Amos Oz and David Grossman on Man Booker longlist

Amos Oz and David Grossman on Man Booker longlist

Judas by Oz and A Horse Walks Into A Bar by Grossman are both in the running for a £50,000 prize

Francine Wolfisz is the Features Editor for Jewish News.

Amos Oz and David Grossman have both been longlisted for the Man Booker International Prize 2017
Amos Oz and David Grossman have both been longlisted for the Man Booker International Prize 2017

Israeli authors Amos Oz and David Grossman have been named on this year’s longlist for the Man Booker International Prize 2017.

A total of 13 works, translated into English from 11 different languages, will be narrowed into a shortlist of six next month, before a winner is announced in June.

The winning author and their translator will split a £50,000 prize, while each shortlisted runner-up and translator will receive £1,000.

This year’s line-up includes A Horse Walks Into A Bar by Jerusalem-born author David Grossman, and translated by Jessica Cohen.

Hailed by critics as a “virtuoso piece of writing”, the novel revolves around a veteran stand-up comic, whose life crumbles around him.

Amos Oz, regarded as Israel’s most famous living author, is also on the list for Judas, translated by Nicholas de Lange, which is a coming-of-age tale set in the still-divided Jerusalem of 1959-60.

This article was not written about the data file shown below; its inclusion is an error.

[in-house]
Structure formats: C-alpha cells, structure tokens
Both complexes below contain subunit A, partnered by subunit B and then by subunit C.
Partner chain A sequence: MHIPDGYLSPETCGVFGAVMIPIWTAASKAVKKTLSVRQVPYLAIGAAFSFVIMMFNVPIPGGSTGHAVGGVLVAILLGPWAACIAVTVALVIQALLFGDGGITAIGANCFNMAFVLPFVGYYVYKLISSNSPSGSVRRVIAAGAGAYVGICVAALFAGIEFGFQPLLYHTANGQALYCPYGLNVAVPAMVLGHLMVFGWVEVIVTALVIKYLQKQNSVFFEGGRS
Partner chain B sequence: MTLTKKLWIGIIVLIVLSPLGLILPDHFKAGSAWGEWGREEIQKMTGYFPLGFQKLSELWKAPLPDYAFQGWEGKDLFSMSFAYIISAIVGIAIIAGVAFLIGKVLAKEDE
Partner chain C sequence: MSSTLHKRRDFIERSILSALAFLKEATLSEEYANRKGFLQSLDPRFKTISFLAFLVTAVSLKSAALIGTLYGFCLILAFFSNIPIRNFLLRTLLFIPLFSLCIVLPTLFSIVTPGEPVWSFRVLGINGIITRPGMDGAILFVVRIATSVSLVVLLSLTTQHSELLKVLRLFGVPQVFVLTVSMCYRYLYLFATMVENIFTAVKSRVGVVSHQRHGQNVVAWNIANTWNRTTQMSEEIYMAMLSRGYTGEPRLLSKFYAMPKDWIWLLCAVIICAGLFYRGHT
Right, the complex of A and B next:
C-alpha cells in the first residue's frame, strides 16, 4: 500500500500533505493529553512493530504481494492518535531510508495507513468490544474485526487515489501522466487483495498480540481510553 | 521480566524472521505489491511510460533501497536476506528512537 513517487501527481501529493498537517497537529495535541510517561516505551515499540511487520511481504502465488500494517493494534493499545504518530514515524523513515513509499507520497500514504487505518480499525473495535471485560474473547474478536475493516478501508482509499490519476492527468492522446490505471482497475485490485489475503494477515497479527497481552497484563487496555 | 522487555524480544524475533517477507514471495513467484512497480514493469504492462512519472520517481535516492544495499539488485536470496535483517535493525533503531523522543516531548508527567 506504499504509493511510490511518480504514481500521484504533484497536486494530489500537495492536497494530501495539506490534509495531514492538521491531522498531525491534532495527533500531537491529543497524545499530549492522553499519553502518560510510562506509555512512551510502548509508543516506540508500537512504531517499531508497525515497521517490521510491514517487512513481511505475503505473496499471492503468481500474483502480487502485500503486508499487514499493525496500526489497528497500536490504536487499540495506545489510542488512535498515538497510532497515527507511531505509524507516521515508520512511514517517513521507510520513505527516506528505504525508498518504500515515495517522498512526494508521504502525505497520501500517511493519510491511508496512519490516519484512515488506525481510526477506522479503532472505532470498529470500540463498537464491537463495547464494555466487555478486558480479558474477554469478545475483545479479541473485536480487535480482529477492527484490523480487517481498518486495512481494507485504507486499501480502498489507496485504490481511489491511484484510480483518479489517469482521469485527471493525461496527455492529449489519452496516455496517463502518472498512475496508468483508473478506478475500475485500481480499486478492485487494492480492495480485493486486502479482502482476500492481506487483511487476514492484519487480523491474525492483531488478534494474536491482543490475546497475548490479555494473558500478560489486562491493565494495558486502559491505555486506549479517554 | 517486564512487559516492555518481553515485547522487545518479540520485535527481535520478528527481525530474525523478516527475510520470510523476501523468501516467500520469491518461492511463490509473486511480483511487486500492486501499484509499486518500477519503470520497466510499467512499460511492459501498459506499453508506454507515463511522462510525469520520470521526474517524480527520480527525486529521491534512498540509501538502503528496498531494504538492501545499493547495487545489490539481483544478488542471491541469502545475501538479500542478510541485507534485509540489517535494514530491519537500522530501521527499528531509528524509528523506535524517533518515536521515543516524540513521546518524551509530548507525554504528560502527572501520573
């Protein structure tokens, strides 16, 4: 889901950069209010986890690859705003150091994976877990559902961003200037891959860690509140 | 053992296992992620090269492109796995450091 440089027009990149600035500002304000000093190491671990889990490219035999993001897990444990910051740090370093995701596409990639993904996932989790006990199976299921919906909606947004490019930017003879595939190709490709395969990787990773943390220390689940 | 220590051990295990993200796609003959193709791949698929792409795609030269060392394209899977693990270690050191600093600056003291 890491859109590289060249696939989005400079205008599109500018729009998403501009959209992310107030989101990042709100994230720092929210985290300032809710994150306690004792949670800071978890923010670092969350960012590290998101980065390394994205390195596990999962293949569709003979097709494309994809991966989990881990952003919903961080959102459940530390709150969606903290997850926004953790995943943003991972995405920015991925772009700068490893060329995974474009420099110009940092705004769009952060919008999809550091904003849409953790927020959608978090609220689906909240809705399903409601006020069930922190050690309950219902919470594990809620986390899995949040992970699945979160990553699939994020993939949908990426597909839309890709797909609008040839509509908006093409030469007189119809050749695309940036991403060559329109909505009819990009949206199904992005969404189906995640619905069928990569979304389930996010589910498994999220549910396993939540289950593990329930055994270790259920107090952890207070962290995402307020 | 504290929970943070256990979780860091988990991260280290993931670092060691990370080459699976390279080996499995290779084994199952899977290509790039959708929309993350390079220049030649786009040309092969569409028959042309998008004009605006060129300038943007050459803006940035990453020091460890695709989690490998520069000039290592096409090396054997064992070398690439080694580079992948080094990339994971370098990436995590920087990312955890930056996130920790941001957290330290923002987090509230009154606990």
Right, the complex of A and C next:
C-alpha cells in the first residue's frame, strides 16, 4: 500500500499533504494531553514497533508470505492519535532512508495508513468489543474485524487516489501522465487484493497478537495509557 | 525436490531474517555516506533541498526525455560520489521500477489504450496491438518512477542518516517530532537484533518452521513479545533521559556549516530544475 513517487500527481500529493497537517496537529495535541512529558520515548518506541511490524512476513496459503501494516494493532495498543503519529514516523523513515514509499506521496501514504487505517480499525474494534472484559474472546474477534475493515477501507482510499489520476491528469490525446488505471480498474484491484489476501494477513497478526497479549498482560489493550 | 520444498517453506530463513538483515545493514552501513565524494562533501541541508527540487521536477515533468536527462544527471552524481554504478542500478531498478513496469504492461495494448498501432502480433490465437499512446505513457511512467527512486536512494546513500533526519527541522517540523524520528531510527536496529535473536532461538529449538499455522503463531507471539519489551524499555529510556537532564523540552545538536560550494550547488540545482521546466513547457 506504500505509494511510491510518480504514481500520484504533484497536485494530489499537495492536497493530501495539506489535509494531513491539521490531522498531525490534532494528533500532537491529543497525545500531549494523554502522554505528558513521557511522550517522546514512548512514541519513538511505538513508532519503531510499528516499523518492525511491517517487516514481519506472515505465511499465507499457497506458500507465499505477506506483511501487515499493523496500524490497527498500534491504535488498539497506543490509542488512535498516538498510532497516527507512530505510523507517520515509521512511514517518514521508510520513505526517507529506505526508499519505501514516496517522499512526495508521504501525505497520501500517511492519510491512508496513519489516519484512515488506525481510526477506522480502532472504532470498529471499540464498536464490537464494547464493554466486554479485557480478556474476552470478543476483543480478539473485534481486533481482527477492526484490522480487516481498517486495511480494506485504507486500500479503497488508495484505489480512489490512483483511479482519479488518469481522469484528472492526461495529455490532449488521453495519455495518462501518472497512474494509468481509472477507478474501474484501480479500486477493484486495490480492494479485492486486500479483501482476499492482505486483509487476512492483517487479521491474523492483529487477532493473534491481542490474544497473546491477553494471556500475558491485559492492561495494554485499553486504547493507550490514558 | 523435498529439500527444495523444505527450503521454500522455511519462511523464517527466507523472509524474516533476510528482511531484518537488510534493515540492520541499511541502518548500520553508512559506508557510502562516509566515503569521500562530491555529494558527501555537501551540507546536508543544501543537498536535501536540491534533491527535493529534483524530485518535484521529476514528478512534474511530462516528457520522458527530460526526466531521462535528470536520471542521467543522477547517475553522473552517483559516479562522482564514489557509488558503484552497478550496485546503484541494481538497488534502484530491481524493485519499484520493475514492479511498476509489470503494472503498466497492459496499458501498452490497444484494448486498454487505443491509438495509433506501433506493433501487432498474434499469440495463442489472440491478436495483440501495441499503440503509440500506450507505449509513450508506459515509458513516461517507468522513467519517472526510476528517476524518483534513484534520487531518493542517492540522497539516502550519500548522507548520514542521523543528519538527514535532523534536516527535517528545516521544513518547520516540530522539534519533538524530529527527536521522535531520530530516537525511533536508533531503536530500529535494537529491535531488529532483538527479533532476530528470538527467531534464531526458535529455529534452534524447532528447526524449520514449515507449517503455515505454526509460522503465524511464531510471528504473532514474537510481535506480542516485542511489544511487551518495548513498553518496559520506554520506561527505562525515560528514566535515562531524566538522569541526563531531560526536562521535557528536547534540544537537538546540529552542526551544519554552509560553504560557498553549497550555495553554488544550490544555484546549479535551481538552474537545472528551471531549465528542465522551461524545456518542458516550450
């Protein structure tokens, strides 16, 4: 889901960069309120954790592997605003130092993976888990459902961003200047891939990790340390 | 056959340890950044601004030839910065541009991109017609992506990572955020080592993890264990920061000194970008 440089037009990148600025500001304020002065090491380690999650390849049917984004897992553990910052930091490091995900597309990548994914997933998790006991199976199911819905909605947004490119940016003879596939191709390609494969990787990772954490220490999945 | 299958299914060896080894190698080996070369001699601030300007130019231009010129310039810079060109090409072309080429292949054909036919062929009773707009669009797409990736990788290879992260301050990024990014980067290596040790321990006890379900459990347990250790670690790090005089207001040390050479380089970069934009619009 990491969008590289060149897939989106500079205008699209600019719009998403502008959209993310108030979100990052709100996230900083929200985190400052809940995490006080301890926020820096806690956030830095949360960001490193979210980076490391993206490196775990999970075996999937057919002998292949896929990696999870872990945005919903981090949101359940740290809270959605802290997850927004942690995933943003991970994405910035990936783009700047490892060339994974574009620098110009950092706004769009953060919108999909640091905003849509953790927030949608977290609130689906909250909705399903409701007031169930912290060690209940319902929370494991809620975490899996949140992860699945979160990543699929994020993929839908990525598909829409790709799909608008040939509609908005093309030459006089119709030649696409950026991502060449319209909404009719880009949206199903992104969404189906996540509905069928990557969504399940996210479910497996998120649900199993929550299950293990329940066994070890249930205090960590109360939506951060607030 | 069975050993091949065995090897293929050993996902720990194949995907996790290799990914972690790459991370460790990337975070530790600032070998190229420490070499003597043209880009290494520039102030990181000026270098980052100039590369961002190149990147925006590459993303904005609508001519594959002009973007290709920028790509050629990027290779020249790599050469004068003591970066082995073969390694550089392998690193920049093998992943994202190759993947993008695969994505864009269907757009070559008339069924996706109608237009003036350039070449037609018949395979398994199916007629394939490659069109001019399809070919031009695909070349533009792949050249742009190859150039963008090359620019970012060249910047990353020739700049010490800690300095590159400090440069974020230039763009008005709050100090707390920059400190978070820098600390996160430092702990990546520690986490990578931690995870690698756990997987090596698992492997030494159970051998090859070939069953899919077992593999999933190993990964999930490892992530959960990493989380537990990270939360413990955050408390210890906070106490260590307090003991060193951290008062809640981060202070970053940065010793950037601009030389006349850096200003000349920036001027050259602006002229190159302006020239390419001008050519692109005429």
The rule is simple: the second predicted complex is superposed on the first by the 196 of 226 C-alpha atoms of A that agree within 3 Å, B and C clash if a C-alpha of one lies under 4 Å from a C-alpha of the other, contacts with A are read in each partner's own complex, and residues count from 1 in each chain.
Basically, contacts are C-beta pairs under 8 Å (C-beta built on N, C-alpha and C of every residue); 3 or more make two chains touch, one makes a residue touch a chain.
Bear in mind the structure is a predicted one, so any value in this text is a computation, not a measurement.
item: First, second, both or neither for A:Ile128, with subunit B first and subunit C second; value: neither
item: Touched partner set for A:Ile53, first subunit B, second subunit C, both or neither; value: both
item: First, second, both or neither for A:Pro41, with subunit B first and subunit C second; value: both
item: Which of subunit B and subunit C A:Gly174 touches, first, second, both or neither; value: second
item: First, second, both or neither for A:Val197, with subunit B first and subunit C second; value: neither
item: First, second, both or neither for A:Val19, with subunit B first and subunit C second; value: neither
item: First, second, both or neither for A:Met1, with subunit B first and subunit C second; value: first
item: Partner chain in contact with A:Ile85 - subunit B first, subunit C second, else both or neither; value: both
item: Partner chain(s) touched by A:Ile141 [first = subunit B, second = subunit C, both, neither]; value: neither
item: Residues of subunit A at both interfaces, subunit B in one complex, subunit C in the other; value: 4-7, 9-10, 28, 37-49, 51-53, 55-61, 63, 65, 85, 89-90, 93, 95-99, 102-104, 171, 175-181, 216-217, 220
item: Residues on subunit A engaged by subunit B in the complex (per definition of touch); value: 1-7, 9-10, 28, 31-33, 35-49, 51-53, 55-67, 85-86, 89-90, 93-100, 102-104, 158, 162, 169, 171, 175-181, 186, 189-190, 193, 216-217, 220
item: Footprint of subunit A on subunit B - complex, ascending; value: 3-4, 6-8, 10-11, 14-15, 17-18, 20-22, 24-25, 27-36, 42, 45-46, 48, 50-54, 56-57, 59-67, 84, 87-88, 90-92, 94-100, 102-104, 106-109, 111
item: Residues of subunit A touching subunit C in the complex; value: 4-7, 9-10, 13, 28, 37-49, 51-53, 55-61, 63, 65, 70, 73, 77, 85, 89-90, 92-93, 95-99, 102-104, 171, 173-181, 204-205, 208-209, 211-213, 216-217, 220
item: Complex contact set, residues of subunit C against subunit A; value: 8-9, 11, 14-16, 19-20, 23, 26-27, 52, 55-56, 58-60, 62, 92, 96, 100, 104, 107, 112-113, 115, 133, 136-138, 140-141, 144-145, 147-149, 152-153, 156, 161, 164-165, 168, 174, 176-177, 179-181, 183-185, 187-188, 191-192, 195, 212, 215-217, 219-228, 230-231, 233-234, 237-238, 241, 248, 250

Edinburgh International Book Festival director and chair of the judging panel, Nick Barley, said: “It’s been an exceptionally strong year for translated fiction.

“From powerful depictions and shocking exposes of historical and contemporary horrors to intimate and compelling portraits of people going about their daily lives, our longlisted books are above all breathtakingly well-written.

“Fiction in translation is flourishing: in these times when walls are being built, this explosion of brilliant ideas from around the world arriving into the English language feels more important than ever.”

The panel also included award-winning Jewish writer and translator Daniel Hahn, Turkish novellist Elif Shafak, On Black Sisters’ Street author Chika Unigwe, and award-winning poet Helen Mort.

The full longlist is as follows:

Compass – Mathias Enard (France) translated by Charlotte Mandell.

Swallowing Mercury – Wioletta Greg (Poland) translated by Eliza Marciniak.

A Horse Walks Into a Bar – David Grossman (Israel) translated by Jessica Cohen.

War and Turpentine – Stefan Hertmans (Belgium) translated by David McKay.

The Unseen – Roy Jacobsen (Norway) translated by Don Bartlett.

The Traitor’s Niche – Ismail Kadare (Albania) translated by John Hodgson.

Fish Have No Feet – Jon Kalman Stefansson (Iceland) translated by Phil Roughton.

The Explosion Chronicles – Yan Lianke (China) translated by Carlos Rojas.

Black Moses – Alain Mabanckou (France) translated by Helen Stevenson.

Bricks and Mortar – Clemens Meyer (Germany) translated by Katy Derbyshire.

Mirror, Shoulder, Signal – Dorthe Nors (Denmark) translated by Misha Hoekstra.

Judas – Amos Oz (Israel) translated by Nicholas de Lange.

Fever Dream – Samanta Schweblin (Argentina) translated by Megan McDowell.


read more: